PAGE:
AbstractAims and objectives
To establish the potential of a modified version of the MM-CGI Childhood Cancer to assess anticipatory grief in parents of children with cerebral palsy, to amend the existing scale for use with the specific patient group, to test the psychometric properties of the modified version (MM-CGI Cerebral Palsy) and to review the clinical potential of the new scale.Background
Parents of children with cerebral palsy may experience reactions similar to parents of children with other enduring or life-limiting conditions, and anticipatory grief may be one such psychological reaction. While the burden of caring is sometimes balanced by positive perceptions of the child, which enhance coping ability, for many parents the outcome is damage to their physical and mental health and impaired family functioning.Design
A cross-sectional, descriptive, correlational design.Methods
The MM-CGI Cerebral Palsy was administered in structured interviews with 204 parents. Standardised measures of caregivers' depression, stress and perceived social support were also administered. Mothers and fathers were recruited from healthcare centres and schools for special education. Cronbach's alpha was used to assess internal consistency, and Pearson's product–moment correlation was used to assess construct validity.Results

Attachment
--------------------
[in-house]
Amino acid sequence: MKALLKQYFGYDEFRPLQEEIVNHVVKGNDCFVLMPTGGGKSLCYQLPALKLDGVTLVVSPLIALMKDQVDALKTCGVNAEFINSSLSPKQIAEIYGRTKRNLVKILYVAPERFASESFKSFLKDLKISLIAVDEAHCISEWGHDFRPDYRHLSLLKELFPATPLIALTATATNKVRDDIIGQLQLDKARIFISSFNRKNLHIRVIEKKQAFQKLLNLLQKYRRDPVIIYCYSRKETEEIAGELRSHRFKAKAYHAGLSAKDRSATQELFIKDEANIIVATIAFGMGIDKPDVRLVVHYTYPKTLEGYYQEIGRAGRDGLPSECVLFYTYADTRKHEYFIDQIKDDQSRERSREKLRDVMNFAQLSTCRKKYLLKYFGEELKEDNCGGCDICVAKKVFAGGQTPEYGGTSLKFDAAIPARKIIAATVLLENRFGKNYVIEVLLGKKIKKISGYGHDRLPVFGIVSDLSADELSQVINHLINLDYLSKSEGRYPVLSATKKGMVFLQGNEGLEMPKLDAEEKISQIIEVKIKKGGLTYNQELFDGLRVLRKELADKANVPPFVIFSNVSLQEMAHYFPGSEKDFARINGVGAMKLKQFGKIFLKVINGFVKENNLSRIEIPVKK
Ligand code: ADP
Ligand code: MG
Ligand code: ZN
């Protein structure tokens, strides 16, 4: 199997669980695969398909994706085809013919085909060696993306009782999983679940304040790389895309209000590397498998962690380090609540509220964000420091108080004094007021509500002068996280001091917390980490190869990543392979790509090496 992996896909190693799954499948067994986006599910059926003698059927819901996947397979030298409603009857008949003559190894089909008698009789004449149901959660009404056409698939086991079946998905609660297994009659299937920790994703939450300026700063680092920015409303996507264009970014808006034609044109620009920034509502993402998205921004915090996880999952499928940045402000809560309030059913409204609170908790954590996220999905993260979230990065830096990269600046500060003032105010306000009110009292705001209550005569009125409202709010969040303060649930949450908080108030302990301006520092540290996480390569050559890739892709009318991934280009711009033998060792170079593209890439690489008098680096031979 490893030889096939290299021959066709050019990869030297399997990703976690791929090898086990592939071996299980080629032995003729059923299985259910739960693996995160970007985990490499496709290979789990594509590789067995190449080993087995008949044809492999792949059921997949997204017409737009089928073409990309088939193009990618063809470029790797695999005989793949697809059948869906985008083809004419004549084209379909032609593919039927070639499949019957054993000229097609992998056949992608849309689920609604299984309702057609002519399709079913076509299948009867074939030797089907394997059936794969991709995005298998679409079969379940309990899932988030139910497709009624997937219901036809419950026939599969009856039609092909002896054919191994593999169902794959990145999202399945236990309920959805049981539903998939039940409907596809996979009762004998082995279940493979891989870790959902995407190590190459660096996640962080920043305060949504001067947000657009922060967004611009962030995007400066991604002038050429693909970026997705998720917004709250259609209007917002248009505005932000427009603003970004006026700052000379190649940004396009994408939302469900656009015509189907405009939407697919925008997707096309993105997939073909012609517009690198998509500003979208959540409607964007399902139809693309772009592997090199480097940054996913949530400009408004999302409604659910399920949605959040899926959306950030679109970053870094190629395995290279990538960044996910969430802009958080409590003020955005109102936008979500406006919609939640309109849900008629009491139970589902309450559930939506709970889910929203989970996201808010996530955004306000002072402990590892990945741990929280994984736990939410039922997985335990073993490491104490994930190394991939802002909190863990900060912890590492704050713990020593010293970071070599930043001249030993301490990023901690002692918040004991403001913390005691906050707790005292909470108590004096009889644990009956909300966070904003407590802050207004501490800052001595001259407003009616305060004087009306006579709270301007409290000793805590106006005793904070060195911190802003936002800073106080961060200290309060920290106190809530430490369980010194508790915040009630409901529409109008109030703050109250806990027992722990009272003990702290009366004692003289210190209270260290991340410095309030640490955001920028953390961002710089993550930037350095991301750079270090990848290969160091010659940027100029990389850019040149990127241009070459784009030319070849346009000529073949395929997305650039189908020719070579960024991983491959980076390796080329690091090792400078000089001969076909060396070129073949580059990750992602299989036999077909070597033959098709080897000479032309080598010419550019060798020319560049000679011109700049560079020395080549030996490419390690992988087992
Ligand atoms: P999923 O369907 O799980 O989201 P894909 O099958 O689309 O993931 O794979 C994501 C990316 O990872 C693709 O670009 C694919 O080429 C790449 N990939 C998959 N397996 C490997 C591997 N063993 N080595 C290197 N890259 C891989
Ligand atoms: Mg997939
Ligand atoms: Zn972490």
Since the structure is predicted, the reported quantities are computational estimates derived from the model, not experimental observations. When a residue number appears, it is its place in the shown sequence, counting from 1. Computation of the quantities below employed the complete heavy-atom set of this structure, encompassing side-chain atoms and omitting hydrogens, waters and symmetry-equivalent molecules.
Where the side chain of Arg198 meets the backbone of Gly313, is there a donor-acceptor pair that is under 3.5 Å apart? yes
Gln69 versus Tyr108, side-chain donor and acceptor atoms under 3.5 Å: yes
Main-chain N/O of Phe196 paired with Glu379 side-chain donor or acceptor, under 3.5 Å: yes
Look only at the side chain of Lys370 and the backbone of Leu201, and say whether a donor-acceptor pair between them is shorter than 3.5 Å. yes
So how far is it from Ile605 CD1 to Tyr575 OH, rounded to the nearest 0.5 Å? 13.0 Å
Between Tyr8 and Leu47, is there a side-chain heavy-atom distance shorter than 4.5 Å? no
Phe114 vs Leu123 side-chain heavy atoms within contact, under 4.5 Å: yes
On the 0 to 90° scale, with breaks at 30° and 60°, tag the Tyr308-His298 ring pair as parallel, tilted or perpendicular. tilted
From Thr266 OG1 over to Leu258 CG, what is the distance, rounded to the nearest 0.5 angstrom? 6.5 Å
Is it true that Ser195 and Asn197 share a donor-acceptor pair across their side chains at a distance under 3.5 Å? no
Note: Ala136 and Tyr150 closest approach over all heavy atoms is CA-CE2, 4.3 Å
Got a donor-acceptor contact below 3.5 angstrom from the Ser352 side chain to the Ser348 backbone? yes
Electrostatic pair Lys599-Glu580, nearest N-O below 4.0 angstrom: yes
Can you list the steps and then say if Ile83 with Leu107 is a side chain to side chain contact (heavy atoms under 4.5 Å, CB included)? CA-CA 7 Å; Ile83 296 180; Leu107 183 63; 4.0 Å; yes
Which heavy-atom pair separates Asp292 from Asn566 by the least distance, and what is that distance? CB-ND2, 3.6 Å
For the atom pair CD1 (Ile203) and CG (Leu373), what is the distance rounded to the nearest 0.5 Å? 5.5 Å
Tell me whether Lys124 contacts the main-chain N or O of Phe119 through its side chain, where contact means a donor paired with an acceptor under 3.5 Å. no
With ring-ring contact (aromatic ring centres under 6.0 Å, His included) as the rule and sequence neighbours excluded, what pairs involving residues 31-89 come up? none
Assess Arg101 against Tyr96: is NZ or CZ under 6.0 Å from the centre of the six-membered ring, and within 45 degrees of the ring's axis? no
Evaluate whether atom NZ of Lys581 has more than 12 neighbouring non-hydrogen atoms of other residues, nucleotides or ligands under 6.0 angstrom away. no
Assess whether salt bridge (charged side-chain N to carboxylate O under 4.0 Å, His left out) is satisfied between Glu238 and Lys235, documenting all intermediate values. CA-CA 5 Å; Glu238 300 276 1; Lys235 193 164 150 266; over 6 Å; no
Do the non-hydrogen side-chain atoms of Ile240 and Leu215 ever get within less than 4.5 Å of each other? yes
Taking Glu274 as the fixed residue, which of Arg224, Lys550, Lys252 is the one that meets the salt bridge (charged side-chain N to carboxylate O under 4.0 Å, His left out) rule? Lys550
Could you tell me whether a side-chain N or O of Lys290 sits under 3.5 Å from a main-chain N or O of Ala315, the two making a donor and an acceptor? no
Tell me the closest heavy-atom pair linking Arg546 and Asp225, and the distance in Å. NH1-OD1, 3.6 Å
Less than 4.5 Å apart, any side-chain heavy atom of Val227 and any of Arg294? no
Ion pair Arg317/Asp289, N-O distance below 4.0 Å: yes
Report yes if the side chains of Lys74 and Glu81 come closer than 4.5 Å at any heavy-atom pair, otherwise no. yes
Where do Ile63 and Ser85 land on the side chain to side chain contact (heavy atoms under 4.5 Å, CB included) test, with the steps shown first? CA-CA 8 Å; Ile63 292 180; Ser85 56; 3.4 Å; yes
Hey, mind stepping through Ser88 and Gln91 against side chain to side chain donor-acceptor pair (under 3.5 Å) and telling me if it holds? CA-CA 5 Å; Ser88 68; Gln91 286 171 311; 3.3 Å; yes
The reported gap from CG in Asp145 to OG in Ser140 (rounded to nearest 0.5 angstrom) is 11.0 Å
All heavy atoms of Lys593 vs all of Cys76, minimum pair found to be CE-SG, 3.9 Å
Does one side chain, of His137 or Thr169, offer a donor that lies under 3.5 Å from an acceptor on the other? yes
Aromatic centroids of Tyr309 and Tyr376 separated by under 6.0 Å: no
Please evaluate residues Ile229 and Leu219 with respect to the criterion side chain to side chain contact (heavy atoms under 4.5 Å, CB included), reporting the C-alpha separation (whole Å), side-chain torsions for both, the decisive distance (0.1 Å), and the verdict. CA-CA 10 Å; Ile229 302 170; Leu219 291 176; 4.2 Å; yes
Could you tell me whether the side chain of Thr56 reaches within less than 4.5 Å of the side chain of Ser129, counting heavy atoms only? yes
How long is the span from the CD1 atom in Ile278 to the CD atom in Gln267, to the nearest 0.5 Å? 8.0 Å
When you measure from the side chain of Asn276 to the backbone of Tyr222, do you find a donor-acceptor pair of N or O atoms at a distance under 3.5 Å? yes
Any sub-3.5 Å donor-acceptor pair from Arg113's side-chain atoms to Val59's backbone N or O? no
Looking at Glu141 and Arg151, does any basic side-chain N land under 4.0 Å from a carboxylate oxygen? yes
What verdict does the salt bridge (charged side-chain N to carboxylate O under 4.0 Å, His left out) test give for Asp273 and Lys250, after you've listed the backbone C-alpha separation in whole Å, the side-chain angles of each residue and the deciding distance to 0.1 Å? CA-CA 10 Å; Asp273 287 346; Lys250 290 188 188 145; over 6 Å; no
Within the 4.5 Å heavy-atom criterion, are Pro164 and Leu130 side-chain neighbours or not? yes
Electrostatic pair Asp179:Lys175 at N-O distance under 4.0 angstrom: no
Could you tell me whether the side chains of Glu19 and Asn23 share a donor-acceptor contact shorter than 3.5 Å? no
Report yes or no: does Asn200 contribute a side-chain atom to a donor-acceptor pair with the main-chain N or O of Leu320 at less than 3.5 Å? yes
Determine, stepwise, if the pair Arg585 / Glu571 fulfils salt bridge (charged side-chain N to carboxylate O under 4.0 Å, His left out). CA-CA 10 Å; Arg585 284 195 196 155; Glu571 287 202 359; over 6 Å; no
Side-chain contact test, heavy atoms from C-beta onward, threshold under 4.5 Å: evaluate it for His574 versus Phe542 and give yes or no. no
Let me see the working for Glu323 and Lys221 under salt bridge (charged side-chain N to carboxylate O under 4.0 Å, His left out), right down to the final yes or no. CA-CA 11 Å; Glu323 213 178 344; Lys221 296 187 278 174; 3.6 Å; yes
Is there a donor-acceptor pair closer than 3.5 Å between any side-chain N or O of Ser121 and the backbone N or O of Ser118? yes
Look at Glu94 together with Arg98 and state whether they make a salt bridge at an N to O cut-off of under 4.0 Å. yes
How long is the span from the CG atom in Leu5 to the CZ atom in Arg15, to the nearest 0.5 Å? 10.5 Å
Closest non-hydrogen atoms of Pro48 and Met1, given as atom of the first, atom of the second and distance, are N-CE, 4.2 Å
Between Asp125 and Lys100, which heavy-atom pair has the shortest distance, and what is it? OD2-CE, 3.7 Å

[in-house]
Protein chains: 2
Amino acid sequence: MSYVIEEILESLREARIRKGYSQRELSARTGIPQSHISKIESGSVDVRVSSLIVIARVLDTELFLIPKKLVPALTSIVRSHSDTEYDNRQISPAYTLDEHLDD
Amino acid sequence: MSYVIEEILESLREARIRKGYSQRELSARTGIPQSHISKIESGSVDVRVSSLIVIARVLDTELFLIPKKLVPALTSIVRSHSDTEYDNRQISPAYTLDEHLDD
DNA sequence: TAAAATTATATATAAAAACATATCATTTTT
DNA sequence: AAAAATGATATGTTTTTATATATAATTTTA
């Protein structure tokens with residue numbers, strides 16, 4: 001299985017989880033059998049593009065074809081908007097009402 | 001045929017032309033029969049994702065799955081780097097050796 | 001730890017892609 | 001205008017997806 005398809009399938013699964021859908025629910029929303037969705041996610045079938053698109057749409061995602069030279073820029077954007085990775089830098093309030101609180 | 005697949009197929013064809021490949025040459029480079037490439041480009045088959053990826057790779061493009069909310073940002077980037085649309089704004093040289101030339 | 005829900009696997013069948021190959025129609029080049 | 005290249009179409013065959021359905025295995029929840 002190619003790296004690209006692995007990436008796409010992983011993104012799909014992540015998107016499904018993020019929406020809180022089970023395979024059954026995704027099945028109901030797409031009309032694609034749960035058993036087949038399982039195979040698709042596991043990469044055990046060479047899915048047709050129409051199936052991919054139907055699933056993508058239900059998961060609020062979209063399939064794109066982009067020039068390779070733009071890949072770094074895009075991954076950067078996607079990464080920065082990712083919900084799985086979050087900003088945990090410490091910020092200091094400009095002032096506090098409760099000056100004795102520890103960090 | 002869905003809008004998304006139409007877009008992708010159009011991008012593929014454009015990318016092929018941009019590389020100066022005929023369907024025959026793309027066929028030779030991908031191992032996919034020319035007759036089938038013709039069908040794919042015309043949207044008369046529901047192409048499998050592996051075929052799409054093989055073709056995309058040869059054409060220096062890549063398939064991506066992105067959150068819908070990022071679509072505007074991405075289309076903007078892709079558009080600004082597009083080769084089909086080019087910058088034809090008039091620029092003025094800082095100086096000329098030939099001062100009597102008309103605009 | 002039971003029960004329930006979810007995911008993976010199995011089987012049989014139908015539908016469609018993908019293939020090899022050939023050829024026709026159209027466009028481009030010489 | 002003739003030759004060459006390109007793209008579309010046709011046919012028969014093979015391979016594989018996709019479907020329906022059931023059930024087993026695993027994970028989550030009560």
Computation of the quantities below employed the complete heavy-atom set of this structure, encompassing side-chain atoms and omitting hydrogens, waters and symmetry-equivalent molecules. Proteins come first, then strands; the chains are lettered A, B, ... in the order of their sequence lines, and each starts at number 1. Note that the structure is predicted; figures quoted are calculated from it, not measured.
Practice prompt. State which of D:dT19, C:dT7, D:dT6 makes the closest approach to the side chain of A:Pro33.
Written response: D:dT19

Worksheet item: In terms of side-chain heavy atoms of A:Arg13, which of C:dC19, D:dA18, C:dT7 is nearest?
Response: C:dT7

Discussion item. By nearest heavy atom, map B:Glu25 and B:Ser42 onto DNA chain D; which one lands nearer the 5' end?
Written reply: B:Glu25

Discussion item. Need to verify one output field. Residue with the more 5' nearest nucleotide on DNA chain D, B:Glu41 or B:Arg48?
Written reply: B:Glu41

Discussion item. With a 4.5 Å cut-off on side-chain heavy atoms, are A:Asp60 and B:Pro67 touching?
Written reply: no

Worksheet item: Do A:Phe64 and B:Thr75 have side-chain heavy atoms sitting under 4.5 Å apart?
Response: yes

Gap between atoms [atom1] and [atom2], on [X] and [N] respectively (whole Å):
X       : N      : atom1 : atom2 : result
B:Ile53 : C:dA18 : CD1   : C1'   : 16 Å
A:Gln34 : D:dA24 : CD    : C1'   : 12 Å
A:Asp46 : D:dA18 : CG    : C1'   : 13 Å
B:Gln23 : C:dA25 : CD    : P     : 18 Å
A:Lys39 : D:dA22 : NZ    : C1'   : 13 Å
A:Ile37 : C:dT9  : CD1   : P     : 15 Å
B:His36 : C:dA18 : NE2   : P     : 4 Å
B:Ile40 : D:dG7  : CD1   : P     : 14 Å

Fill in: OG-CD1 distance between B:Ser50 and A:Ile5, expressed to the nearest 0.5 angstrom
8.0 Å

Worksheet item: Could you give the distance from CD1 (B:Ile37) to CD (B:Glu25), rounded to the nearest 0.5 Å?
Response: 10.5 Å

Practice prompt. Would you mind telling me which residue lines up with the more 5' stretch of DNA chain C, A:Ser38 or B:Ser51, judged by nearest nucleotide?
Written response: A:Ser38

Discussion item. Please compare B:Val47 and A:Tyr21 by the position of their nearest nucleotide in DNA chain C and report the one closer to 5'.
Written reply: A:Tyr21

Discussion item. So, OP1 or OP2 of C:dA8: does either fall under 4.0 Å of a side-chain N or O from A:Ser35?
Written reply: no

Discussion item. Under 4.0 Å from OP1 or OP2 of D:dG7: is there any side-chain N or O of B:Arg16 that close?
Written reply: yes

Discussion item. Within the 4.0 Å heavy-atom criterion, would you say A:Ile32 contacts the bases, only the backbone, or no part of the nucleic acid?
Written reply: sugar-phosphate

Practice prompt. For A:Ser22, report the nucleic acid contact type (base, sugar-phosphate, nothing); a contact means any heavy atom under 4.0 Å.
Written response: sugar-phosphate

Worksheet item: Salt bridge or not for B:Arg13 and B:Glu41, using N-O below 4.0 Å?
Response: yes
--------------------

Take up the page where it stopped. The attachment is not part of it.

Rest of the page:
The subscales were each found to measure a single dimension of anticipatory grief, and significant correlations were established with existing instruments. The instrument demonstrated excellent internal consistency reliability and good construct validity.Conclusions
The MM-CGI Cerebral Palsy could be useful for diagnosing anticipatory grief among parents of children with cerebral palsy. This preliminary work moves the programme on to testing in intervention studies.Relevance to clinical practice
In the absence of an existing measure for the assessment of anticipatory grief, specifically in parents of children with cerebral palsy, the MM-CGI Cerebral Palsy could prove to be an effective assessment tool for clinicians and researchers.